Photo: Celebrity Hill Harper is not only an acclaimed actor, and star of the hit show “The Good Doctor”, he’s a Harvard graduate environmental attorney. He spoke to Newburgh residents about the need to stand up for themselves on the water situation.”
“POISONING PEOPLE IS WRONG”
“WE CAN’T STOP IT UNLESS YOU STAND UP”
By Edie Johnson
Attorneys from Napoli Shkolnik PLLC came to the City of Newburgh this week and appealed to the public, encouraging them to sign up as part of a Class Action Lawsuit against City of Newburgh and the manufacturers of firefighting foam (the source of toxic PFO’s (perfluoroctanes). After drinking water in Washington Lake was found to have high levels of the PFO’s in early May of 2016, a State of Emergency was declared in the City, and drinking water supplies were quickly switched from Washington Lake to the NYC Aqueduct . Anyone who’s private well was impacted was offered a POET “point of entry” water filter, free bottled water was provided as well as free blood testing services. The free blood testing service has been extended several times, currently untill June 30. Charcoal filters are deemed the best protection. Nevertheless, people in the area, extending all the way to Beaver Dam Lake, are concerned of possible latent effects from their exposure. “All three local municipalities are really responsible”, a number of residents said, “because they allowed Silver Stream to be classified as a Class D stream.” They added , “Officials knew of the problem in 2013 and continued to provide bad water causing residents to be exposed unnecessarily for years. ” And they argued that the whole thing was the result of “Greed, greed that officials allowed big companies with a lot of money to be more important than you and me.” The attorneys said they are not including the Air Force in this suit, so anyone in the Air Force can join the class action suit. An added concern was that because Newburgh is an enlarged school district, children even from far off neighborhoods as well as visiting sports teams may have been affected. The suit will also seek compensation for loss of value of personal property and personal injury. Residential remedies may be included as well, to protect against future issues. PFO’s have been “linked” to numerous kinds of cancer, most often testicular, kidney disease, thyroid cancer, immune disorders and recently added concerns by the CDC of attention deficit disorders, ulcers and preclampsia. But a clear cause and effect has not been determined and its further problemmatic because levels in the source waters fluctuate.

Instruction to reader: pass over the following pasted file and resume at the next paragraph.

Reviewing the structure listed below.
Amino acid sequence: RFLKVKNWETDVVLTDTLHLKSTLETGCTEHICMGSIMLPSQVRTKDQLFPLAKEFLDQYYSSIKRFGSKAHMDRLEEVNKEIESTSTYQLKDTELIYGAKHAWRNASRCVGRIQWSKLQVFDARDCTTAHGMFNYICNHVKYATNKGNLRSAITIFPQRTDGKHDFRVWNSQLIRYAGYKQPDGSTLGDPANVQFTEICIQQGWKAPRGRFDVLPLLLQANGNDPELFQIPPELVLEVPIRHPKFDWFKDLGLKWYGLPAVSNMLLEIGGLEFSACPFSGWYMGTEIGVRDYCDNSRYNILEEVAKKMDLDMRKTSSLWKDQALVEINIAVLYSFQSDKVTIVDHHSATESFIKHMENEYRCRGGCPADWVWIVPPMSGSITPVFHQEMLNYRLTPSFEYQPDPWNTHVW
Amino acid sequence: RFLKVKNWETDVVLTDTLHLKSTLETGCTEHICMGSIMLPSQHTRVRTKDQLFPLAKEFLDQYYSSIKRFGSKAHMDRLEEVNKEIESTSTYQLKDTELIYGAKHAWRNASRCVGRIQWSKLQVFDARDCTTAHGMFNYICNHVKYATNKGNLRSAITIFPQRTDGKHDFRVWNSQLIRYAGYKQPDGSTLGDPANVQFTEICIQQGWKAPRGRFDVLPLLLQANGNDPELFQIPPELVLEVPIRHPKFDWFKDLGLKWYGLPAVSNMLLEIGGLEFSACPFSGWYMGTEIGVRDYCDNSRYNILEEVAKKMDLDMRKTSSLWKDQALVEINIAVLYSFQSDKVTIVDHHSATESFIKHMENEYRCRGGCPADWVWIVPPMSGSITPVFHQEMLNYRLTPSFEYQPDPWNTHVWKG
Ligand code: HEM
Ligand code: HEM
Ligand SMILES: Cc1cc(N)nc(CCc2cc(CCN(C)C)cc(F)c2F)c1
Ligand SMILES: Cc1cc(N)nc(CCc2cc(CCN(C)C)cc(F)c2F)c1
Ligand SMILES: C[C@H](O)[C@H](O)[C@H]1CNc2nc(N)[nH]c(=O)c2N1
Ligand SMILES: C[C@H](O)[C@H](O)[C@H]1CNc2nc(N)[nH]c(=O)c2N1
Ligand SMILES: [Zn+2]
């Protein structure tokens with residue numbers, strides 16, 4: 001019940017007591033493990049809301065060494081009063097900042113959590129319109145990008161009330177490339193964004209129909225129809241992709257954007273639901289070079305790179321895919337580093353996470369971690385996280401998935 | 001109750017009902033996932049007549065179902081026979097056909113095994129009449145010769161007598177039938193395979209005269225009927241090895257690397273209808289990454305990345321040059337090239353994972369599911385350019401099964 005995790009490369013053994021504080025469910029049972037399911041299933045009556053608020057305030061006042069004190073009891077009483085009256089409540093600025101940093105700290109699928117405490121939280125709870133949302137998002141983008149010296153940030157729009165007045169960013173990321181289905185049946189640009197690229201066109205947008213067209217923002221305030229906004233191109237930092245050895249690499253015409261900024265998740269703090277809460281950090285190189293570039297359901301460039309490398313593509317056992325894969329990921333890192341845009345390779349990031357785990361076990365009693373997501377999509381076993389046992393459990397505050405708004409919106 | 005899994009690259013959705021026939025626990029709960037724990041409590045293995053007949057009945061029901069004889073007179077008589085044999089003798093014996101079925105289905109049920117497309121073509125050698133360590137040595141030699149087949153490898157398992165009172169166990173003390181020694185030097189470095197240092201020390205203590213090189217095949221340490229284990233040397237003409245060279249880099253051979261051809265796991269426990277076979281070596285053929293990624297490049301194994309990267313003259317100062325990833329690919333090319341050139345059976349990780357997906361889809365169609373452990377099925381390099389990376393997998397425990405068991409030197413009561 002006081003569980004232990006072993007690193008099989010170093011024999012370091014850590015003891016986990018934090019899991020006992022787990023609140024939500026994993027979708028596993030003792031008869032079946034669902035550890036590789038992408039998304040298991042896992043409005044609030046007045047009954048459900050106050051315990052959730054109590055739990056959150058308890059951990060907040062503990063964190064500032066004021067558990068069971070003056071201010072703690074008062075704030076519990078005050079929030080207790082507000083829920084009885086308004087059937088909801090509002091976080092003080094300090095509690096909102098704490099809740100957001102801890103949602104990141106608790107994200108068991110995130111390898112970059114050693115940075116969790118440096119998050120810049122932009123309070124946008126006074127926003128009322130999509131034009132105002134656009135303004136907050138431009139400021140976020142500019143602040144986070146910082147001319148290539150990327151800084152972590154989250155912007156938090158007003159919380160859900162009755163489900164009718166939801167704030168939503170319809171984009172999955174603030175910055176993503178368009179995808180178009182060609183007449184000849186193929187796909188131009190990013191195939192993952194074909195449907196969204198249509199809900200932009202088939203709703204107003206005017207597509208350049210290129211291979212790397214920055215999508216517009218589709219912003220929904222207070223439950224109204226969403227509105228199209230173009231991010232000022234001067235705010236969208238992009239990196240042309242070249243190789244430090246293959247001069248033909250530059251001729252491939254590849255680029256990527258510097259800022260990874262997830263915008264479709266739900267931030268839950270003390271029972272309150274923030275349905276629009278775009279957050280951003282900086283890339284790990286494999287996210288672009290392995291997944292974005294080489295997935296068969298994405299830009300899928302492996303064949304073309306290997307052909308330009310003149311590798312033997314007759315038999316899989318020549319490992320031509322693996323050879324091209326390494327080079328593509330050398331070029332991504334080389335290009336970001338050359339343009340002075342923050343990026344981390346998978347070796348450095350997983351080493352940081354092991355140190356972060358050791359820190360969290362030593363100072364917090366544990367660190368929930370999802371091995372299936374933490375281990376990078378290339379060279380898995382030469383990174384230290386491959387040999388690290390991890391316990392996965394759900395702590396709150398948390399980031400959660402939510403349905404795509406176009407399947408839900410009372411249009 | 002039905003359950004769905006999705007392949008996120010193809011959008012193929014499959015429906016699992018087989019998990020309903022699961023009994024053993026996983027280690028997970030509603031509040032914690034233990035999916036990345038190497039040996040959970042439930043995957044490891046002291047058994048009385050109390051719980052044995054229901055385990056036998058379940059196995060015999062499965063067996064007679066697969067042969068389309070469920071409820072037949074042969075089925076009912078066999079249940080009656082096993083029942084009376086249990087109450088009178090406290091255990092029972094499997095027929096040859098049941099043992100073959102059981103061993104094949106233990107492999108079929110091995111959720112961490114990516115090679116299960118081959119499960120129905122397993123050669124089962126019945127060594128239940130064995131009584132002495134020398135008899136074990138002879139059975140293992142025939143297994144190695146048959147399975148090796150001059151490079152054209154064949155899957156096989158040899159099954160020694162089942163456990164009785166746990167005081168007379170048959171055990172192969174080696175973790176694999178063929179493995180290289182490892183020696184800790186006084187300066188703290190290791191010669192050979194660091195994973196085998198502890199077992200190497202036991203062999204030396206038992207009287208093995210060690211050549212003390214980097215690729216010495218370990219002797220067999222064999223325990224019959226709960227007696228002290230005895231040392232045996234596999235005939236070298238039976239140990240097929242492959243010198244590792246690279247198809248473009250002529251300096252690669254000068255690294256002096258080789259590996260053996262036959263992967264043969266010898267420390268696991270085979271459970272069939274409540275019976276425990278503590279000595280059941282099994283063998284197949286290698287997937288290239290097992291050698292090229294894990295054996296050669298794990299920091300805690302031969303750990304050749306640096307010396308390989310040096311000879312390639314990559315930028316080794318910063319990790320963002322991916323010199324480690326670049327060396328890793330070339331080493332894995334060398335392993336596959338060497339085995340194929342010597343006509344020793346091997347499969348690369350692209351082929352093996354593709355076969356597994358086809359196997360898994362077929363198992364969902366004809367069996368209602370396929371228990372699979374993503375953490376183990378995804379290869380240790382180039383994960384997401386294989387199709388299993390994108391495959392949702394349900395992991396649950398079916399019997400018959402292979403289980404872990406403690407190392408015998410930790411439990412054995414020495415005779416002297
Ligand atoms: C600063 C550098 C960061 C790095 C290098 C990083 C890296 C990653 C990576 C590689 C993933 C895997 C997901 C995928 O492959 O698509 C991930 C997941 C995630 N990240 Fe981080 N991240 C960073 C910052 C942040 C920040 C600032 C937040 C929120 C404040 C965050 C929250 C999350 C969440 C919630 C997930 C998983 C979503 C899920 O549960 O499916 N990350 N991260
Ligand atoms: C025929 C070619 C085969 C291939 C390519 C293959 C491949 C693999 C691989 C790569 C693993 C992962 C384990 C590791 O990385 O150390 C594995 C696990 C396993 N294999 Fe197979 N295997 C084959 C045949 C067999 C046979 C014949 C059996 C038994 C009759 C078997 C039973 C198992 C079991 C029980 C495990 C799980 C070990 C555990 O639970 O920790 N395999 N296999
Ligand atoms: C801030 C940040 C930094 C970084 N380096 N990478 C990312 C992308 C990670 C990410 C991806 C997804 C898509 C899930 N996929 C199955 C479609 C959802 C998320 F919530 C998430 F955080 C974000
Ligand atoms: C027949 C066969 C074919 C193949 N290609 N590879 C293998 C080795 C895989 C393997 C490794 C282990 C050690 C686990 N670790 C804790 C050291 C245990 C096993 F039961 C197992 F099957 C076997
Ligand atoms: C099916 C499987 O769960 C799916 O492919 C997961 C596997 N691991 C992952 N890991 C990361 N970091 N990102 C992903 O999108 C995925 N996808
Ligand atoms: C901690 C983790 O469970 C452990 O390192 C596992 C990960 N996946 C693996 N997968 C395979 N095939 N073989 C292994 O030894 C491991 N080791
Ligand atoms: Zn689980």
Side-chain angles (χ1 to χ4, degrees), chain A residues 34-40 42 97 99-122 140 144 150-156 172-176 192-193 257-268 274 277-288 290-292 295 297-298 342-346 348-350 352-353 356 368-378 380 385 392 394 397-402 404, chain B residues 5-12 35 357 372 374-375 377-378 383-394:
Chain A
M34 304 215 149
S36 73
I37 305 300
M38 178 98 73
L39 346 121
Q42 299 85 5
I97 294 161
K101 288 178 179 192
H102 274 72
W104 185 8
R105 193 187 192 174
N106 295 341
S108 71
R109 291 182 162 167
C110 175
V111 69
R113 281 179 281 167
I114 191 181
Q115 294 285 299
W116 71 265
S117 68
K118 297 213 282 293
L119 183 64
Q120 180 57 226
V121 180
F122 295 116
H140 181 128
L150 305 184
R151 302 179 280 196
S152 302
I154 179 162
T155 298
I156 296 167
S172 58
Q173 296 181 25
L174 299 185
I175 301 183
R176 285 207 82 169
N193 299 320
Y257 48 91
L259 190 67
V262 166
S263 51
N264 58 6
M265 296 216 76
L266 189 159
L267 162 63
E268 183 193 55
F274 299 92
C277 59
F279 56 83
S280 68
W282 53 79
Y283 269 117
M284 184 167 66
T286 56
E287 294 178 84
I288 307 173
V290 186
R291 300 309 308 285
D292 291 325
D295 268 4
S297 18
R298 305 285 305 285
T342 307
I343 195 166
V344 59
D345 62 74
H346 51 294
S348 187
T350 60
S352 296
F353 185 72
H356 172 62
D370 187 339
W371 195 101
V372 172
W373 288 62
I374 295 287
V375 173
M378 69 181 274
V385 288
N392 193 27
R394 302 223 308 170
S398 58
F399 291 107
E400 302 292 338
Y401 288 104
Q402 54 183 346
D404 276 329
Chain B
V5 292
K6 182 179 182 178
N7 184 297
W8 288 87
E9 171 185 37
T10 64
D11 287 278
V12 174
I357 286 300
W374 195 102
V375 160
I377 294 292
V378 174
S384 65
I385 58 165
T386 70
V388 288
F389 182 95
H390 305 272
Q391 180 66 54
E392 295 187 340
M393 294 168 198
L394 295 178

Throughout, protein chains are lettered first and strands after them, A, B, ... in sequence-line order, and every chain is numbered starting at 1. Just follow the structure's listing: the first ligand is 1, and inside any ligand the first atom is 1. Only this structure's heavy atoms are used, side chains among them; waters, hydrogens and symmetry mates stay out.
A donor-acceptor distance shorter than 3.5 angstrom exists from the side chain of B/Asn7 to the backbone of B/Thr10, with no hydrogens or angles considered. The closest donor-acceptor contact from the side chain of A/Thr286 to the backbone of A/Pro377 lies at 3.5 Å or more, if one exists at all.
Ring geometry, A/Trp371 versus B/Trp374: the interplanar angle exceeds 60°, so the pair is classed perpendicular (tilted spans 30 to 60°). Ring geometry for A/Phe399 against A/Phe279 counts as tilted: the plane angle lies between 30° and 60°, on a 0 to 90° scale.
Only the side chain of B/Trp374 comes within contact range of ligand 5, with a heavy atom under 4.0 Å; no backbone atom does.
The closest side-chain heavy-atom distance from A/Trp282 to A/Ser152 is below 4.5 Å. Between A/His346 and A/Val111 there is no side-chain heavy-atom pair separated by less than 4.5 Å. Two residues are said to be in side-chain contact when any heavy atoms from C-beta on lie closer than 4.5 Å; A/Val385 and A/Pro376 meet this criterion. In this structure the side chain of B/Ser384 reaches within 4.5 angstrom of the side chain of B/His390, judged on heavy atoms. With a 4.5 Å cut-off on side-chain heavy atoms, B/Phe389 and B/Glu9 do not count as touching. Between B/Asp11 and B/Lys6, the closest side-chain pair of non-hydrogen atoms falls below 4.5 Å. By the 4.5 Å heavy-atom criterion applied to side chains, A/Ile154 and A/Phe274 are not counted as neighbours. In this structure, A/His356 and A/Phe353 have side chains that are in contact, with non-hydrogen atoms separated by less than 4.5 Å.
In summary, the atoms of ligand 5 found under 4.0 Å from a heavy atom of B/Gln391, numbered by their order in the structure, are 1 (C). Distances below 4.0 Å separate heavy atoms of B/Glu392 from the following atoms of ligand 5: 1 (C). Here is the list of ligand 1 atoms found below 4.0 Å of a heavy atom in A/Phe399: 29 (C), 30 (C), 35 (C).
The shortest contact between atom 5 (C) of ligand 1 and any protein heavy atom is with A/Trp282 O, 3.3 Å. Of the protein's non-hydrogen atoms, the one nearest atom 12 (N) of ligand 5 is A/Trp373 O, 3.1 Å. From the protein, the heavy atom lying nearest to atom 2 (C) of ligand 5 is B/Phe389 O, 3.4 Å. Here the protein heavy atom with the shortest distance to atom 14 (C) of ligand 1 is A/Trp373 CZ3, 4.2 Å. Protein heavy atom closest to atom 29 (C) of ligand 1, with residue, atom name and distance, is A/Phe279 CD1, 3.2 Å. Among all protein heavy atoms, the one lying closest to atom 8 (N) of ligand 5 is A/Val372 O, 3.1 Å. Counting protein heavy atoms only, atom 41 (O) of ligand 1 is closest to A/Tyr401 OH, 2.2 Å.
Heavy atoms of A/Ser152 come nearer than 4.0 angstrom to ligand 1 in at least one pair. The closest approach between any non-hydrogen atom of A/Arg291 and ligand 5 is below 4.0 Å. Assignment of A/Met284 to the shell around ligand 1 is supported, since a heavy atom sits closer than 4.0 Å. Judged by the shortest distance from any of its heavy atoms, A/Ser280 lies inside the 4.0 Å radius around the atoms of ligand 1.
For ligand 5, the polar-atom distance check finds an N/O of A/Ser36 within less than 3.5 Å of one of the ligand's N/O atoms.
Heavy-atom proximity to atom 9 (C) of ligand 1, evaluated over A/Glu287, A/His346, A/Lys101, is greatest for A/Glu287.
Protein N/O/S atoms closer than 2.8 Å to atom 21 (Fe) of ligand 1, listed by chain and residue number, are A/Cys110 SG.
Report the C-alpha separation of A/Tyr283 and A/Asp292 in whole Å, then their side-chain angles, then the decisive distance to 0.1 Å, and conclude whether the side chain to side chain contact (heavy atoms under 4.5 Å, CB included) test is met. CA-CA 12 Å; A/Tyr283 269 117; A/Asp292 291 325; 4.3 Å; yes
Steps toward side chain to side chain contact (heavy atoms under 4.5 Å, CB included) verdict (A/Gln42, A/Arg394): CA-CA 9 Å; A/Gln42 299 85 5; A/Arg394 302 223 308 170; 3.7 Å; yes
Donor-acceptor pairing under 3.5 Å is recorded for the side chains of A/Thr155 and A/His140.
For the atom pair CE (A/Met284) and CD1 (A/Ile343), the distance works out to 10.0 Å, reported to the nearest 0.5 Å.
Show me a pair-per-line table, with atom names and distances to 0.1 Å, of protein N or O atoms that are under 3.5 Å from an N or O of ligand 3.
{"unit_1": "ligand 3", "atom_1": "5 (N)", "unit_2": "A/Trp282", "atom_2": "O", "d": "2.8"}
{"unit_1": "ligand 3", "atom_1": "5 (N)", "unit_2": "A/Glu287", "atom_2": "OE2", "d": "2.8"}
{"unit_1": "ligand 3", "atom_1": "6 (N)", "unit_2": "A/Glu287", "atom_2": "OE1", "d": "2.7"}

Several other attorneys were present at the session and urged residents “Sign up with them, or sign up with us or someone else, but for God’s sake join the class action lawsuit.”
What are they asking for in the suit? They are asking for the continuation of free blood testing for any concerned citizens, along with medical monitoring and coverage of any needed treatments.